Water

How a Burning River Helped Create the Clean Water Act

Apr 22, 2016
Cleveland State University Library

NOTE: This story was originally published on April 17, 2015.

At the time of the first Earth Day in 1970, the Cuyahoga River had long been a pollution problem. Cleveland had been a major industrial city since the 1880s, and the mayor then called the river “an open sewer through the center of the city.”

But when the Cuyahoga River caught fire in Cleveland in 1969, many believe it became the symbol of out-of-control pollution that was needed to get the Clean Water Act passed.

The Dayton City Commission has updated the city's water ordinance.
Wikipedia

A school district in central Ohio has shut off its drinking fountains after finding high lead levels in the water.

The Granville school district northeast of Columbus says tests show water coming from some of the drinking fountains are above the federal limit.

School leaders say the problem is with the drinking fountains and not the water coming into the buildings.

The district says it shut off access to the drinking fountains Wednesday and is running more tests.

Bottled water is being given to students and teachers.

In an Era of Scarcity, Water is Now a Major Economic Driver

Mar 2, 2016
James D'Angelo / Flickr Creative Commons

In a world facing growing problems with water scarcity, the Great Lakes region could be poised to draw businesses—big and small—from other parts of the country. But despite the region’s vast quantities of freshwater, water quality can’t always be taken for granted.

After the state of Ohio filed a lawsuit, the owner of Pineview Estates agreed to bring four gallons of water per trailer each day the water is shut off. Residents have been purchasing their own water for years.  pineview
Lewis Wallace / WYSO

Imagine you wake up and go to get in the shower, or brush your teeth, and there’s nothing coming out of the tap. Imagine this happens with no notice, and sometimes goes on for days.

Well, this scenario is real—and we’re not talking about Flint or any city water system. It turns out trailer parks across the country have problems with unreliable water.

 

WYSO

A number of groups are collecting bottled water for residents in Flint, Michigan.

The City of Dayton and Jet Express, Inc., are working together to collect water for the city that’s been harshly affected by elevated lead levels in its drinking water. 

On Friday, Ohio Attorney General Mike DeWine and Ohio Environmental Protection Agency announced a lawsuit against Pineview Pines Estates mobile home park in Dayton. DeWine and Ohio EPA Director Craig W. Butler also filed a motion for a temporary restraining order against the owner, Tim Dearwester, for numerous violations of Ohio’s safe drinking water laws.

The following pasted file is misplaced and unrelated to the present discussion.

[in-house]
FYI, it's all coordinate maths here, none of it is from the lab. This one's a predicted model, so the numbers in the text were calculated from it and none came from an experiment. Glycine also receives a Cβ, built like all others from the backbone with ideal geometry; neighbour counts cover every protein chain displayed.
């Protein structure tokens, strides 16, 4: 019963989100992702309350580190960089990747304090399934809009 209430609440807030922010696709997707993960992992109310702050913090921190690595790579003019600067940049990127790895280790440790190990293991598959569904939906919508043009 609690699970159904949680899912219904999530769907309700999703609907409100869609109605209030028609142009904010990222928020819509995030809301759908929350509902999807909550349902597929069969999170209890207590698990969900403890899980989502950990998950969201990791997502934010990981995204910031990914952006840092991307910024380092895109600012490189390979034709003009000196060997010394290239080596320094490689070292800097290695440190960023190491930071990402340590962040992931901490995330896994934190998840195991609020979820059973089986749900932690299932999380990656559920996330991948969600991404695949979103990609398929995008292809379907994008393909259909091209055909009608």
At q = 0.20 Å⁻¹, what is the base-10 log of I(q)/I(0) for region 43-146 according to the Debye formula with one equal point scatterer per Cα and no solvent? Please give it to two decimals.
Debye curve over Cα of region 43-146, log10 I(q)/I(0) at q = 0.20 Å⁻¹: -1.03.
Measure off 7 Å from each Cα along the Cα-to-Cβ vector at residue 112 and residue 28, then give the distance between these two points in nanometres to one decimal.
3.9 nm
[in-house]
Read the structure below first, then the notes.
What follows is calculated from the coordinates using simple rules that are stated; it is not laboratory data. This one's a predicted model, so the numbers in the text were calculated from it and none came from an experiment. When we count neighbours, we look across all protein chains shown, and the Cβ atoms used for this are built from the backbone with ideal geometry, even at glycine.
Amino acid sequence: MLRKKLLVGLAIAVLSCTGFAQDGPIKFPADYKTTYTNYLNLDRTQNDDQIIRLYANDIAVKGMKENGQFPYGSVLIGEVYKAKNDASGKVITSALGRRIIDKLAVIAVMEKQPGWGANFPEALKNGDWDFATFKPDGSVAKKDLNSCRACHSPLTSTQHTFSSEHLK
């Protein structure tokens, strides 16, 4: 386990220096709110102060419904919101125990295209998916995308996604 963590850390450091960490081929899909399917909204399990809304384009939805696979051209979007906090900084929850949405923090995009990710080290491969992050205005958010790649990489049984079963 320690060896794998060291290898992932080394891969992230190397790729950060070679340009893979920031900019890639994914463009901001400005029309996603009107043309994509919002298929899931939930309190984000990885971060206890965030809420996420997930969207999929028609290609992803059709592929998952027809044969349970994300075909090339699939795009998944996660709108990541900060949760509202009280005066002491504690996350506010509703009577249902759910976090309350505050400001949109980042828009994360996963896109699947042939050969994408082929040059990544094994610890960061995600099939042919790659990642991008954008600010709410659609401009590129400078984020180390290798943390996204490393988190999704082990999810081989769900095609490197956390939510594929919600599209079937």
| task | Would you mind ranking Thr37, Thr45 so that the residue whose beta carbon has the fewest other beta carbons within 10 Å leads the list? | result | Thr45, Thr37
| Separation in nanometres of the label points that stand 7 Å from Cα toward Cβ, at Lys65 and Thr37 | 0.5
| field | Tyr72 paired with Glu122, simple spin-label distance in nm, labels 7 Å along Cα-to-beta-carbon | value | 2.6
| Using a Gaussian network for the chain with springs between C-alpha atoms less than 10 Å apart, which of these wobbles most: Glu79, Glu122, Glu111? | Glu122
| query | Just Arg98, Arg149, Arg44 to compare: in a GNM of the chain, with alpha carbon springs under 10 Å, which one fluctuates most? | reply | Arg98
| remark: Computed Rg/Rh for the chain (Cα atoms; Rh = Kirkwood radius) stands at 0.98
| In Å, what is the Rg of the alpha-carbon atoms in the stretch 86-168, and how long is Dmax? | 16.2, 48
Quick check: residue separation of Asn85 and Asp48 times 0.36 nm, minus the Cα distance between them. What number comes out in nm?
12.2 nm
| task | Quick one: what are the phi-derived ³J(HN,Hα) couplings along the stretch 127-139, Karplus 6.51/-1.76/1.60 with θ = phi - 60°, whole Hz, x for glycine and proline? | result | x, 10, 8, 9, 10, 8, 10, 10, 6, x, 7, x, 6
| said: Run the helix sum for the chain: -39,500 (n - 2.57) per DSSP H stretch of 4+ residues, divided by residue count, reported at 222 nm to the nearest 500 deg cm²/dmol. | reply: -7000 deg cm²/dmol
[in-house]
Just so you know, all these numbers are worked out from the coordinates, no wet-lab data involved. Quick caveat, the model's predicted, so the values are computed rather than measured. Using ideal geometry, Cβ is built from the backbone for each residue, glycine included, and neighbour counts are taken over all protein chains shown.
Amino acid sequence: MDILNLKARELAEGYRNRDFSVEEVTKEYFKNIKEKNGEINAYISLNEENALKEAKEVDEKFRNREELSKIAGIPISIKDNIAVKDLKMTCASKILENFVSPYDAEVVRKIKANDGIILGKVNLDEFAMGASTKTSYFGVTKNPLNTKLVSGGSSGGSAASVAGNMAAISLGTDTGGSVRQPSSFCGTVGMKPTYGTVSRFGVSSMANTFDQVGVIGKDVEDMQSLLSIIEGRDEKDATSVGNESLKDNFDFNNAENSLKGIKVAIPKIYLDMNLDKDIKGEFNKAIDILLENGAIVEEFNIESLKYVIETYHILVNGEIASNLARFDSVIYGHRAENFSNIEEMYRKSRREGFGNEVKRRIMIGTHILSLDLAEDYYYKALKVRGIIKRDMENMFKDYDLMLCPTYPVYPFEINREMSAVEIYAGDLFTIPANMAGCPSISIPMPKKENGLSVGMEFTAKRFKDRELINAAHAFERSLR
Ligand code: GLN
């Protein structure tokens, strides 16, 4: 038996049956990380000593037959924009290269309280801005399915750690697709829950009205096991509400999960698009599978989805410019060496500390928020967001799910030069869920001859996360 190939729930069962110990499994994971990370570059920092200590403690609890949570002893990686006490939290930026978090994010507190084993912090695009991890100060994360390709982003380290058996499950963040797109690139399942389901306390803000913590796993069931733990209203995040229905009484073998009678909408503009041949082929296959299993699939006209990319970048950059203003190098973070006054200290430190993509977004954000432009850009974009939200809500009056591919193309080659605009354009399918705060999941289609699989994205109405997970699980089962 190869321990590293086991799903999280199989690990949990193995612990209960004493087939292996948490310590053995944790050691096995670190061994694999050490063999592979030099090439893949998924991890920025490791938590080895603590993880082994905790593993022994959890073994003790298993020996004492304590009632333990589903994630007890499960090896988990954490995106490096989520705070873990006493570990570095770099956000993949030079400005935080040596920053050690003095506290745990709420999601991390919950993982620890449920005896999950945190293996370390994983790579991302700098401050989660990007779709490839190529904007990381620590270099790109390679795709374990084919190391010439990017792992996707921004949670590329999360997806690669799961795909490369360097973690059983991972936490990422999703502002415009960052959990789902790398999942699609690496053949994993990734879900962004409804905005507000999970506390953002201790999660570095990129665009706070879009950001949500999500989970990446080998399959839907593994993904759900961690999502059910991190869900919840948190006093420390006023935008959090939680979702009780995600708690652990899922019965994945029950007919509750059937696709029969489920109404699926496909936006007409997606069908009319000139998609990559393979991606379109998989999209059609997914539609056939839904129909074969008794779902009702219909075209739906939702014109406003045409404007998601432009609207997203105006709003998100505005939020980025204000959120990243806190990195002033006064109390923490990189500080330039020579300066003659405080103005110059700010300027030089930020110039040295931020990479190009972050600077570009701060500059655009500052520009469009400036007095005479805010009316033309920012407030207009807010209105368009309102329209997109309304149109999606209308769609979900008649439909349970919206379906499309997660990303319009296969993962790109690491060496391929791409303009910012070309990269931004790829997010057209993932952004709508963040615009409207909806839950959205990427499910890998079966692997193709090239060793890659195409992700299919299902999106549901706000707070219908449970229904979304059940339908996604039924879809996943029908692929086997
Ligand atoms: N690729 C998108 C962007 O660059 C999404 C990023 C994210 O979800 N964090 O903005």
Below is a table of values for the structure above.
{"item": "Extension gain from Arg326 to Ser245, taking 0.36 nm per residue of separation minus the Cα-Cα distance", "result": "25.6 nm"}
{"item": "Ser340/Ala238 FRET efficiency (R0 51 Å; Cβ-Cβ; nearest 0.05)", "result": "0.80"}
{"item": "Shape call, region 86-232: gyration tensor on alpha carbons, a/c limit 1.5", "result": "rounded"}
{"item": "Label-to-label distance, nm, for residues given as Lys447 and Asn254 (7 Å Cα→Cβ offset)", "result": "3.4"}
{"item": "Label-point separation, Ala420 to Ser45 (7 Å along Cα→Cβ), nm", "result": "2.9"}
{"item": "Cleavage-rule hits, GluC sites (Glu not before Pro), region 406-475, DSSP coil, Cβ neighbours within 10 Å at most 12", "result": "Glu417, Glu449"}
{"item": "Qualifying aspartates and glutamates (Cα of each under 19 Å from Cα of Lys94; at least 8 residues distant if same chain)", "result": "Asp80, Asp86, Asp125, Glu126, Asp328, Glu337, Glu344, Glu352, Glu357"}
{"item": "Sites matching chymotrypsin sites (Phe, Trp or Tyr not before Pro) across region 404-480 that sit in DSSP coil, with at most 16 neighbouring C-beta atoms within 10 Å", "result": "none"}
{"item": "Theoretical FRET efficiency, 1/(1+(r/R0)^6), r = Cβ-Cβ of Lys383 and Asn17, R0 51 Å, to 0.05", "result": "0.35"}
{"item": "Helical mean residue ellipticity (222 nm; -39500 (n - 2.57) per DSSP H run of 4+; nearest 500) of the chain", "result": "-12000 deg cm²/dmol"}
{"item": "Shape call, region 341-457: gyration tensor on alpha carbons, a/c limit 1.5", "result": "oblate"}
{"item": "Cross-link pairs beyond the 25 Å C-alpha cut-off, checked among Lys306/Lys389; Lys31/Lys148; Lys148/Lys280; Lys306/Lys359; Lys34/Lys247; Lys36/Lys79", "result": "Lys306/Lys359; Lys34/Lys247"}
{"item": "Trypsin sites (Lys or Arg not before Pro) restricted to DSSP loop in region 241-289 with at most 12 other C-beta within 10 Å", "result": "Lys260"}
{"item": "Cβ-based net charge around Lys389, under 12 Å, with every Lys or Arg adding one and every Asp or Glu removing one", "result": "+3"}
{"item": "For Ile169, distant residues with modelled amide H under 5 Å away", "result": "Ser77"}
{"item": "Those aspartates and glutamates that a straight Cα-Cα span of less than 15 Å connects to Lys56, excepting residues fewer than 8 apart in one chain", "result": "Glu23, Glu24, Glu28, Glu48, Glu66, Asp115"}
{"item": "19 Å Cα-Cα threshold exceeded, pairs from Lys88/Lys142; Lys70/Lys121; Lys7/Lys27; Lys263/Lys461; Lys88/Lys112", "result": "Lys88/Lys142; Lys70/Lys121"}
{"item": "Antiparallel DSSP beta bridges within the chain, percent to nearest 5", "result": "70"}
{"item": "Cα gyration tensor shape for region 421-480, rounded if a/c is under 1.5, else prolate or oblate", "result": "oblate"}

Dayton Water Great Miami River
Texas141

A new report calls for the creation of a $250 million trust to fund water protection in Ohio.

Dayton City Commission Passes Water Protection Changes

Jul 30, 2015
The Dayton City Commission has updated the city's water ordinance.
Wikipedia

The Dayton City Commission has passed a controversial set of changes to the city’s source water protection program.

 

The current code regulates the chemicals around Dayton’s well fields, where most of Montgomery County’s drinking water comes from. Since the late 80s, the zoning code has legislated the amount of potentially hazardous substances that can be stored near the wells. A related regulation, which will remain in place, provides incentives for companies that had chemicals grandfathered in to reduce those chemicals.

 

Activists Renew Concerns About Dayton Water Policy

Jul 22, 2015
Darryl Fairchild (center) appeared at a demonstration outside city hall Wednesday. He is also a candidate for City Commission. water
Lewis Wallace / WYSO

Activists are gearing up for another round of debate over the city of Dayton’s source water protection policy.

After more than a year of discussion, a compromise plan will go before the Dayton City Commission next week that would update the policy, which dates back to the late 1980s.

Source Water Protection Still Stirring Up Controversy

Mar 11, 2015
Marie Geisel joined the Dayton Citizens Water Brigade on Tuesday before a packed plan board meeting.
Lewis Wallace / WYSO

The debate over Dayton’s source water protection policy is still simmering, although the issues have changed somewhat since the idea of an update to the policy was first floated last summer.

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